Georgia backed by Wikileaks release
By Gvantsa Gabekhadze
Wednesday, December 1
A meeting between Presidents Mikheil Saakashvili and Dmitry Medvedev is not scheduled to take place at the OSCE summit held December 1-2, Saakashvili’s spokesperson, Manana Manjgaladze stated yesterday. She also commented on the secret materials released by Wikileaks, Georgia’s achievements in sports and the recent explosions in Tbilisi.
“Our comment on the issue is very short, Mikheil Saakashvili and Dmitry Medvedev will not meet in the framework of the summit,” Manjgaladze said.
She also commented briefly on the world’s current most topical issue that is Monday’s release by Wikileaks of classified information including recordings of secret conversations between world leaders, some of which referred to the events of August 2008. According to the materials released, the decision to open fire on so called South Ossetia was not made by the Georgian authorities and all responsible Georgian officials, who might have done so, were on vacation at that time. They were mobilized only on August 7. Manjgaladze said, “What has been released concerning Georgia, that we were not the initiators of the war, was well known by the world for a long time.”
The US response on the issue was much longer. White House press secretary Robert Gibbs suggested at his briefing, on November 30, that while the Obama administration condemns Wikileaks’ release of secret government documents, the release does not diminish the United States’ role as a leader in global affairs. Gibbs opened the briefing by stating that President Obama was “not pleased” by the release, calling his characterization of the president’s position an “understatement”. Gibbs said that while “the stealing of classified information and its dissemination is a crime,” he doesn’t believe “the release of these documents impacts our ability to conduct a foreign policy that moves our interests forward.” He went on to say he “wouldn’t rule anything out” when it comes to legal action against Wikileaks, stating that in addition to an ongoing criminal investigation the administration is looking at “a whole host of” options.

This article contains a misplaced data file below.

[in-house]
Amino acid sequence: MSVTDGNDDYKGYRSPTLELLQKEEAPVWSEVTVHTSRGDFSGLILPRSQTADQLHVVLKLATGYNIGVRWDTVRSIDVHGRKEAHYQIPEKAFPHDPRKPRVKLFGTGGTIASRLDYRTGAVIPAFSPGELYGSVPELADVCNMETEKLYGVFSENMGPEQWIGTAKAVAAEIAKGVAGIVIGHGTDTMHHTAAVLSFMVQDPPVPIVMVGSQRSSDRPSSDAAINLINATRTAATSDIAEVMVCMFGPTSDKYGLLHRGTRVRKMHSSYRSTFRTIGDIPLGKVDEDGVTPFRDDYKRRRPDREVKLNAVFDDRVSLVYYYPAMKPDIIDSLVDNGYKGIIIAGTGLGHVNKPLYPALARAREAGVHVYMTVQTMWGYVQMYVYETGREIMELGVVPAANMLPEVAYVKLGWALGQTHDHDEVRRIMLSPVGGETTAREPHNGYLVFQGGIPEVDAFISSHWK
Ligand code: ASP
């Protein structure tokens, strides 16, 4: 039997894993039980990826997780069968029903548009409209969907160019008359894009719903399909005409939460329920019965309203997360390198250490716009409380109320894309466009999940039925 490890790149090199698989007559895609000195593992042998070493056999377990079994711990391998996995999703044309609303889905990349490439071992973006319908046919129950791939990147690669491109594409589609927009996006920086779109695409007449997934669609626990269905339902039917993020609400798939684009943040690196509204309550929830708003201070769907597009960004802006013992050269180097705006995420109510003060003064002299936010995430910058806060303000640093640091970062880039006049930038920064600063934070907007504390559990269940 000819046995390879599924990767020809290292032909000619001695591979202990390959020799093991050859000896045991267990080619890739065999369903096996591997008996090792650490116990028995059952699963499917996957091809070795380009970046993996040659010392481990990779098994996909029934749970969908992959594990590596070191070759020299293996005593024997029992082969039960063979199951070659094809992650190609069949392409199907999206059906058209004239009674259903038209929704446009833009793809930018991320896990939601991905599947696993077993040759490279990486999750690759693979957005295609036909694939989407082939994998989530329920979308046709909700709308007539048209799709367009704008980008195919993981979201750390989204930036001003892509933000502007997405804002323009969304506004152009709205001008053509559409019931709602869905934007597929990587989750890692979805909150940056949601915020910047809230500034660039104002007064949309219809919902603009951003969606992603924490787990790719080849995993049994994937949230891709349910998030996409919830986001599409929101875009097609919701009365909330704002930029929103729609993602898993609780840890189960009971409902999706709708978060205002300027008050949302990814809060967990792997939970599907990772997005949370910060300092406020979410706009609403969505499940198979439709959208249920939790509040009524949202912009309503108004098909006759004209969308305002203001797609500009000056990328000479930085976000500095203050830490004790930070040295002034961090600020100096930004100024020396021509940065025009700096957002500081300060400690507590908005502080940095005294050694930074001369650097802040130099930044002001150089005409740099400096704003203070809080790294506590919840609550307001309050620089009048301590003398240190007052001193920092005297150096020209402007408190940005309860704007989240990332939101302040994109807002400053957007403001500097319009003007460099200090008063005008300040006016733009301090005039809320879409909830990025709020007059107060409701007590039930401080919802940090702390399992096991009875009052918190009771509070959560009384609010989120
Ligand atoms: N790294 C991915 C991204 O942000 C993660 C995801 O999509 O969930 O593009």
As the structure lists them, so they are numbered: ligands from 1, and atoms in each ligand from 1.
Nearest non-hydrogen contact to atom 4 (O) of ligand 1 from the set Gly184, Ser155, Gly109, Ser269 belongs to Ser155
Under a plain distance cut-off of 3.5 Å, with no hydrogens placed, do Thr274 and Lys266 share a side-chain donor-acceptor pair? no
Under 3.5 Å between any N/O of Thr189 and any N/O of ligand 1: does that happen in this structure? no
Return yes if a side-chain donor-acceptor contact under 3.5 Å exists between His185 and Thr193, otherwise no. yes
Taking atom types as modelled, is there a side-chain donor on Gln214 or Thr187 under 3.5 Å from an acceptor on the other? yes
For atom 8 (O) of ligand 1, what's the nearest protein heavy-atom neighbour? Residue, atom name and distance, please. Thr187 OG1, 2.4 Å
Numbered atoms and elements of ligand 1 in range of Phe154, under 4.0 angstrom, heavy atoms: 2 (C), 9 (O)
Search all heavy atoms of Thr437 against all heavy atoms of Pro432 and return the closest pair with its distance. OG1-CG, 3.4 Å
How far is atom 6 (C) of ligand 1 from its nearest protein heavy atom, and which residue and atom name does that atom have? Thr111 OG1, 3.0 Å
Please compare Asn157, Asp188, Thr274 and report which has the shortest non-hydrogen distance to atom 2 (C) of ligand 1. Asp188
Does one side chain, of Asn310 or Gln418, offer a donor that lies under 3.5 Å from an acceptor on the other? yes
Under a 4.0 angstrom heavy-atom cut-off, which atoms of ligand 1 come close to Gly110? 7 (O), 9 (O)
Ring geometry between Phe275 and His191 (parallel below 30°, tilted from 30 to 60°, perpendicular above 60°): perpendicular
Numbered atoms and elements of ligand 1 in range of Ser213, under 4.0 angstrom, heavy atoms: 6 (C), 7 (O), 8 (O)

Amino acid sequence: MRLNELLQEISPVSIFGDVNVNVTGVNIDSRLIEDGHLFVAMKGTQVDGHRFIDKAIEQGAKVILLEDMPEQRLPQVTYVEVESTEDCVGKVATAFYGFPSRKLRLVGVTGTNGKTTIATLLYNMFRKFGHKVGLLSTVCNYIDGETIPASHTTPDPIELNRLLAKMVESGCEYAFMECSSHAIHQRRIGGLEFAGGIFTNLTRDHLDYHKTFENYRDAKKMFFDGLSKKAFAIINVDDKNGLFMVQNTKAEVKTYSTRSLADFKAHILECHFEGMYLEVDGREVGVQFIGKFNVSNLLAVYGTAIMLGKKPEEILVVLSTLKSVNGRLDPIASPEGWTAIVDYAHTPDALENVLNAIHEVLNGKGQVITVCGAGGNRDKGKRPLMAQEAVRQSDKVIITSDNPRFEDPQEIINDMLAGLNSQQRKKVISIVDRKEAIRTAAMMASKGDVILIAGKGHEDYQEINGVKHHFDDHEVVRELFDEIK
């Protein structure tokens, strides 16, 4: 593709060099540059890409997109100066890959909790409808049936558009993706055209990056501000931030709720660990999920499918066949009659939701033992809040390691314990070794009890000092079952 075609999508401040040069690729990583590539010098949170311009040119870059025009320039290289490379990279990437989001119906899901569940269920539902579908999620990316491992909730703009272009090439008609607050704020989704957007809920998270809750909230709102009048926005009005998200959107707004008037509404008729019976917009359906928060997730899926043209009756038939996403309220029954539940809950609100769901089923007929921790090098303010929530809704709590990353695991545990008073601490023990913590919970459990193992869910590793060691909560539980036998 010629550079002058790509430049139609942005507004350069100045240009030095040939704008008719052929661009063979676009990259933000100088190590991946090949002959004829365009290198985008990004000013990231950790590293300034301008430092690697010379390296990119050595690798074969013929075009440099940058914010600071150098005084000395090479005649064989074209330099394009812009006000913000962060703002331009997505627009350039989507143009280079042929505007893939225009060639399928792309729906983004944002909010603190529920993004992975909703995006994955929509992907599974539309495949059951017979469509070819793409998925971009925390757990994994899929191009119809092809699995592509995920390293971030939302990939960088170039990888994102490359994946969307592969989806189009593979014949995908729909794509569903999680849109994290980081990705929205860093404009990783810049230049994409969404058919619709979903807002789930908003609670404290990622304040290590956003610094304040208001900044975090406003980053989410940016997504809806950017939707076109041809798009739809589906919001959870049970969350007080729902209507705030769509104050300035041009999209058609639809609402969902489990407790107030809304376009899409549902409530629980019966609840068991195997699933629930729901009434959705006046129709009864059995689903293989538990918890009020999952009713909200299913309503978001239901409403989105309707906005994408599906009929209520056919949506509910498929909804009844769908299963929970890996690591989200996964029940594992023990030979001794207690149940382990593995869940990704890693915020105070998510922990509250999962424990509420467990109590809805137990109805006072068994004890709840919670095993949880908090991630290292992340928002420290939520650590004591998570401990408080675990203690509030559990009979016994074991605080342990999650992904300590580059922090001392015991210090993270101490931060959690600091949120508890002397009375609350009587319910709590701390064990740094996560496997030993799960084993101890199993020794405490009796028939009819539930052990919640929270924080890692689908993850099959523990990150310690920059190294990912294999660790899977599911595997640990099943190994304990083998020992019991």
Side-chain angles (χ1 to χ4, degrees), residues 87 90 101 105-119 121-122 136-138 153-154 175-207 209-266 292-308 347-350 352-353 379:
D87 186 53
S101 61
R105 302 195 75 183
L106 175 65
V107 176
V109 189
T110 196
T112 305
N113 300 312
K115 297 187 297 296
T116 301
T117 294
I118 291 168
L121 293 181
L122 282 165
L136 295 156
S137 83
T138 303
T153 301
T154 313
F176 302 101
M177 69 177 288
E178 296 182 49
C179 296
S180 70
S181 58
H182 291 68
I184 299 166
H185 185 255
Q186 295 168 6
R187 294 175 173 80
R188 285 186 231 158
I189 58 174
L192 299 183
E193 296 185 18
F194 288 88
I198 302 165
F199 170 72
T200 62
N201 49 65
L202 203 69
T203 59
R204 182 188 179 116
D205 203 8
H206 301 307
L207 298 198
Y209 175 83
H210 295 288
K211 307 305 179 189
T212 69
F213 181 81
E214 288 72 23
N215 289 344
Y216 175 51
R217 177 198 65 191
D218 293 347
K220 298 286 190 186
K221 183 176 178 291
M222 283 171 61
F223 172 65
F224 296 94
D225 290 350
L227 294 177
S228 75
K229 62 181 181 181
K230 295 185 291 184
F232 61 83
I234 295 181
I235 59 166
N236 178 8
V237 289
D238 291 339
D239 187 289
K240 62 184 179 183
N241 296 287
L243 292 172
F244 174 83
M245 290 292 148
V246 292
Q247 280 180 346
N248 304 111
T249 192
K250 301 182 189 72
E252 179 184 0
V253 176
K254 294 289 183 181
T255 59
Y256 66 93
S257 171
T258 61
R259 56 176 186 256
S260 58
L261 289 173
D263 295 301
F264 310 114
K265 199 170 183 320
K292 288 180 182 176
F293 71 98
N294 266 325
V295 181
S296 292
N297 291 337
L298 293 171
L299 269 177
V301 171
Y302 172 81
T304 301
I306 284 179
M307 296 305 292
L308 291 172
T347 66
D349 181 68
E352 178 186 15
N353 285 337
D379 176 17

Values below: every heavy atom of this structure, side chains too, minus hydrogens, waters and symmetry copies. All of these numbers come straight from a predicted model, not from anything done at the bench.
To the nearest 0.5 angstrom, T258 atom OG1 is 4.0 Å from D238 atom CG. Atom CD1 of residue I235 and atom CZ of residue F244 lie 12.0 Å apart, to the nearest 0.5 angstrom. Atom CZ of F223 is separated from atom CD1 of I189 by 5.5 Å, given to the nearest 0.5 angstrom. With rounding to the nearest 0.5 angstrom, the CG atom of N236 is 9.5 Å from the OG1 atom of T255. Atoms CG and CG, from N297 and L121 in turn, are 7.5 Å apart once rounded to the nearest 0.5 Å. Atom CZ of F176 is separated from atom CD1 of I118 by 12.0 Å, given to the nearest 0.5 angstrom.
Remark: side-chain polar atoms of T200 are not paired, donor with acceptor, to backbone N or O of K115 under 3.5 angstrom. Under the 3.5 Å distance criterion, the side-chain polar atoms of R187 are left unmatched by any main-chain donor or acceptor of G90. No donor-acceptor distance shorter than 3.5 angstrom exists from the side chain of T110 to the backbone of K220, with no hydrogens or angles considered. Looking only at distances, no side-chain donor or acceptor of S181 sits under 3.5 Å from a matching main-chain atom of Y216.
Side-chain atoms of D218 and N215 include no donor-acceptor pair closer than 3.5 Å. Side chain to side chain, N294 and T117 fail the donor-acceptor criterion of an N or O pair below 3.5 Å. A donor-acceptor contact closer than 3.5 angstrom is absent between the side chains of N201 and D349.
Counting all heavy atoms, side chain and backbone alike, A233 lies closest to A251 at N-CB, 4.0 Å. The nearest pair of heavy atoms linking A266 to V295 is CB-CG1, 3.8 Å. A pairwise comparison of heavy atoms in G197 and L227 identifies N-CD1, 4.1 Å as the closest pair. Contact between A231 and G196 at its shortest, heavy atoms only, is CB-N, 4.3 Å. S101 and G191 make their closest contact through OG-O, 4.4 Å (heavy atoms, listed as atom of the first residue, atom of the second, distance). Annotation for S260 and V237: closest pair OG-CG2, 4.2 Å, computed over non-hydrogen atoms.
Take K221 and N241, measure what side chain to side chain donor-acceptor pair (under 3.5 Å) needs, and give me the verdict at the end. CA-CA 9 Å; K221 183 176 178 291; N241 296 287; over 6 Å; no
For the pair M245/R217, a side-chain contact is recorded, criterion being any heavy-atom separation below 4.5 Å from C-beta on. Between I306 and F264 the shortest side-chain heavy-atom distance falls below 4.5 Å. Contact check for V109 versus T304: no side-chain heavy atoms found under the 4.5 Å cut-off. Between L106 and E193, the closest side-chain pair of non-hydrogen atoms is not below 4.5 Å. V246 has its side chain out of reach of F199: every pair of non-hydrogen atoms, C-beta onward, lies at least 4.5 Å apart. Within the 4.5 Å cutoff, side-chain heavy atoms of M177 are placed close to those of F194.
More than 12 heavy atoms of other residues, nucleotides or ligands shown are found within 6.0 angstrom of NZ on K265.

The Georgian spokesperson also commented on the latest explosions in Tbilisi. (Two explosions took place in the capital on November 28, one on Marjanishvili Street, near the Labour Party’s office and the second in Mukhiani district.) “We will comment on the issue only after the investigation is concluded; we don’t think that commenting on the matter at the present moment is recommended,” Manjgaladze said. The same issue has turned into the most significant for the Labour Party, which has issued demands of the investigators. “There are the cameras installed by Vano Merabishvili (Interior Minister) and Gela Bezhuashvili (Head of intelligence service) in front of our office. As a result of those cameras they are continually controlling every person coming to our office. I demand the materials captured by those cameras to be used during the investigation or we will be once more be sure that the explosion was targeted against us,” stated the Head of Labour Party, Shalva Natelashvili yesterday.
One more issue Manjgaladze touched upon was the 2015 Europe’s Youth Olympic festival which has been awarded to Tbilisi to host. She said that this decision was recognition of Georgian sportsmen’s achievements and the ongoing changes in our country.
Talking on the secret materials, analyst Andro Barnov said that “There was nothing new in the materials on Georgia, however, following the release of the classified information, doubts concerning the launch of the Georgian-Russian war, will lessen.”
Regarding the explosions, analyst Irakli Aladashvili told The Messenger “I can only express my doubts on the issue; it is better to comment only after investigation is over. The organizers of the case might be local or foreign special services wanting to create disorder within the country, professional engineer-miners dismissed from their posts seeking revenge or international terrorist units seeking victims.”